(5) Appropriate Reliefs and Tailored Incentives

I disagree on making the rule only apply to the top 10 or 12 G-SIBs. A healthy market needs more diversity of players. The more stringent the rule, the more it’ll push the industry into further consolidation. Smaller banks cannot justify the heightened regulatory compliance costs on their own but to seek mergers and acquisitions. Therefore, one should consider appropriate incentives to motivate the medium and small players to improve their risk management capabilities. Consequently, they’ll become more effective to compete in the market and increase diversity (i.e. choice). This indeed may be the most effective way to curb TBTF (too big to fail).

(6) Avoid Policy Mistakes and Modernize the Rules

The modern day financial industry biggest supervisory challenges arise from things happening too fast and changing so dynamically. Static metric reports are neither effective to curb misbehaviors. Attempts to change up these metrics bound to fail because it is majoring in the minors. To avoid policy mistakes, modern supervisory policy must use engineering approach to address financial engineering problems. Below I suggest a 3 prong approach:

(a) Remove 79 FR 5592 – Footnote 711 of Volcker, so it’ll synchronize with the SEC’s consolidated audit trail project for a transaction-by-transaction scrutiny on abusive use of securities inventory (see this).

(b) Monitor market risk versus credit risk exposures. Banks shouldn’t undertake excessive credit risk to make up for revenue loss caused by Volcker’s mandate to reduce market risk exposure.

(c) Enforce appropriate behaviors of market makers. It is uncertain that non-bank HFTs will stand ready to provide market liquidity in both good and bad times. Shadow banking system can be a threat to financial stability.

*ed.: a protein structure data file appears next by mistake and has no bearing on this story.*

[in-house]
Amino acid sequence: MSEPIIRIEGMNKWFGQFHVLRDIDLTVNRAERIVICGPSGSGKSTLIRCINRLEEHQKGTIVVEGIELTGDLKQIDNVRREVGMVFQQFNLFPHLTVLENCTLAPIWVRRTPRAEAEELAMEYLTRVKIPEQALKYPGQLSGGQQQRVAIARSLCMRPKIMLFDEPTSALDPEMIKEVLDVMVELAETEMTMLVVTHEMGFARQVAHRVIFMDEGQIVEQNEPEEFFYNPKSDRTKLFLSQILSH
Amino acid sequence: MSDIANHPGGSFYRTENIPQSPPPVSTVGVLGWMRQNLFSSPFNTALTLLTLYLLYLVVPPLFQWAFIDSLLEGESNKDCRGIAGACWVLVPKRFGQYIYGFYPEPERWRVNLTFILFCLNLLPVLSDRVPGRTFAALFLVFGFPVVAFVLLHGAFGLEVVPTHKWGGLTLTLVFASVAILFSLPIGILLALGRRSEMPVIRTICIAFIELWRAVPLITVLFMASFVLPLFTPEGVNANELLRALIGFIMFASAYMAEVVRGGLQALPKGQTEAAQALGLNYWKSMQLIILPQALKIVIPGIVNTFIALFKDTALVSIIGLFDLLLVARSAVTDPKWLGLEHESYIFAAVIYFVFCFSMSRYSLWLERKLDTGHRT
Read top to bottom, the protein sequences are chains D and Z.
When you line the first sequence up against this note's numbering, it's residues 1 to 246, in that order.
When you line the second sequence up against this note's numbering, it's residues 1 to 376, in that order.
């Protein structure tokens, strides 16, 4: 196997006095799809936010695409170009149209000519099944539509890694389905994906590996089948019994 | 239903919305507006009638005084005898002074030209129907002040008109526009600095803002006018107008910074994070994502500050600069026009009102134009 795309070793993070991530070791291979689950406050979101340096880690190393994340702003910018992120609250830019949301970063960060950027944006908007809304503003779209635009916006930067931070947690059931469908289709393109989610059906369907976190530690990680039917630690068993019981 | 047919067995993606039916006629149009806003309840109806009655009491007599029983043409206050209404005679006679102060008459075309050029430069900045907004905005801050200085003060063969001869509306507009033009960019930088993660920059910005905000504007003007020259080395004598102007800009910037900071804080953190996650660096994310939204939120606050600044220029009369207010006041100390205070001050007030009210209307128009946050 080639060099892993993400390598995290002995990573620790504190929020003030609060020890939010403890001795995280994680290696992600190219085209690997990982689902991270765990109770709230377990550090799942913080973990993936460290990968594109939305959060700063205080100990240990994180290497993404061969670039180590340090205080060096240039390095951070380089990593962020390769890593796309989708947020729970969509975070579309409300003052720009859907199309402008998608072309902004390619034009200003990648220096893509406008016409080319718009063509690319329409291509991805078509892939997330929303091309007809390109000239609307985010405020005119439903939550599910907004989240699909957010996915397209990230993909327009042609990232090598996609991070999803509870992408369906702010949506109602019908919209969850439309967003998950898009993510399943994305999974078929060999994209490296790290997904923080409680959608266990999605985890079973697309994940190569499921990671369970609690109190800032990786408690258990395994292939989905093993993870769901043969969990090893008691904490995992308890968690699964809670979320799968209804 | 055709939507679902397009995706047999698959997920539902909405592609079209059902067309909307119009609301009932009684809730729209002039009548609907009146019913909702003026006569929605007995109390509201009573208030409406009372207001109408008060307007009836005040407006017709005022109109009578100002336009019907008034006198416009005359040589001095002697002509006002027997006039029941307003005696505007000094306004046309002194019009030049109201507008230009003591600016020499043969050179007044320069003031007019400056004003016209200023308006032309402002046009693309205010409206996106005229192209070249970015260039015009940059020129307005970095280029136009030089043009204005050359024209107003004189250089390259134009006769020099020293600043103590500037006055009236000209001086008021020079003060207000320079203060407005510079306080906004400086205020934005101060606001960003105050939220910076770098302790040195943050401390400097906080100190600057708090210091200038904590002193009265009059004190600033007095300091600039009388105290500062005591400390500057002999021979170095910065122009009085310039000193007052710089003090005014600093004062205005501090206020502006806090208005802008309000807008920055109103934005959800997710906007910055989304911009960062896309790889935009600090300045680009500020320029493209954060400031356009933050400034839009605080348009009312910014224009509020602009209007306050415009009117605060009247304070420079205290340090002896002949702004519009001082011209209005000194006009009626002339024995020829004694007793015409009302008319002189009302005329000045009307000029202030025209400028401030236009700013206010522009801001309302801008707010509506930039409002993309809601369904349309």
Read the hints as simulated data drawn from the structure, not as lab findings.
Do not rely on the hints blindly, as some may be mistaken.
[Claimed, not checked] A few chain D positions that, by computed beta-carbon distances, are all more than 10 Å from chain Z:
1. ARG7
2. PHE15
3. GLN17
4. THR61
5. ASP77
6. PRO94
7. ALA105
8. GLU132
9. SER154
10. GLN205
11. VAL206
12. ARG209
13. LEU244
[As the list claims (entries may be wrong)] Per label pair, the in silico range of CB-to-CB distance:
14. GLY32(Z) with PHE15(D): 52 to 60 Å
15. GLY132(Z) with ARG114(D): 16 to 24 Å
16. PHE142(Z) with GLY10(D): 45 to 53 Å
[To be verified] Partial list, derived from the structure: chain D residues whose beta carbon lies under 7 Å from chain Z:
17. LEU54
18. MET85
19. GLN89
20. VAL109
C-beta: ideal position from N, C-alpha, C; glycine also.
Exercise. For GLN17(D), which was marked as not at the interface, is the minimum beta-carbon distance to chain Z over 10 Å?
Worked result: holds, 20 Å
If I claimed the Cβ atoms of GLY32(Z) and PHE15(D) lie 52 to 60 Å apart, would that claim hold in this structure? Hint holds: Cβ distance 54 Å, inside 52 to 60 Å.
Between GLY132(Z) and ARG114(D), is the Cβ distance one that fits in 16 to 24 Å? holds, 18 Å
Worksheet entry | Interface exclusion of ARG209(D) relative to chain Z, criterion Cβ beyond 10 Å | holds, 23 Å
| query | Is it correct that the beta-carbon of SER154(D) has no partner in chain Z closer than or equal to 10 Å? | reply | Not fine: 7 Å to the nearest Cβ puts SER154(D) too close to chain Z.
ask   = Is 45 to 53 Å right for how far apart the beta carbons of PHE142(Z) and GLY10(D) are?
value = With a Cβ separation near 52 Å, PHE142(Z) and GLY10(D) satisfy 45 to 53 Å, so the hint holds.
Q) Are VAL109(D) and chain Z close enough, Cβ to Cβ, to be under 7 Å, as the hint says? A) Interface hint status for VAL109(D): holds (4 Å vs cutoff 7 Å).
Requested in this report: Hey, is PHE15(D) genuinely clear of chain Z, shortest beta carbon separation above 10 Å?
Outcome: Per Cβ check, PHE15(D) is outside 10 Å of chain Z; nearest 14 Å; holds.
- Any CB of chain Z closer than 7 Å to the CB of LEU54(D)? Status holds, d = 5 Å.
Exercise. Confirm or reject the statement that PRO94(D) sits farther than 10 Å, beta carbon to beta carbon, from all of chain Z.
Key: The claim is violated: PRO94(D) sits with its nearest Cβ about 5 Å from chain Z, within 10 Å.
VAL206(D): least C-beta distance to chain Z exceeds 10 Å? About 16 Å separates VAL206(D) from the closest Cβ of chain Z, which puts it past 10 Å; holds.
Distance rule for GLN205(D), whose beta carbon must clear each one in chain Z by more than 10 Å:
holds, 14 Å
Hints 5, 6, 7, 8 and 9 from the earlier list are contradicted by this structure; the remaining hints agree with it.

(7) Restore Accountability with Federal Agencies

The latest speech by Vice-Chair Hoenig of FDIC is the most backward thinking contrary to the advancement of modern regulatory supervision. The way he passes the buck to the SEC and CFTC signified that silo issues existed within federal agencies. There lack cooperative efforts to deal with modern days’ financial engineering problems. Regulators should foster the industry’s advancement in risk management practices (e.g. implement preventive risk control in real-time, active surveillance), rather than blindly following Basel to continue heightening of capital (which is a two-edged sword).

The Volcker rule has in-large synchronized with President Trump’s core principles. I encourage Treasury Secretary Mnuchin to consider my three-pronged >approach highlighted in point (6) that will balance the right industry developments with fulfillment of 21st Century Glass-Steagall’s objectives. Click here to read the full whitepaper and see elaborated details of how the many stakes on Volcker may severely affect the broader economy. 

Kelvin To is the founder and president of Data Boiler Technologies.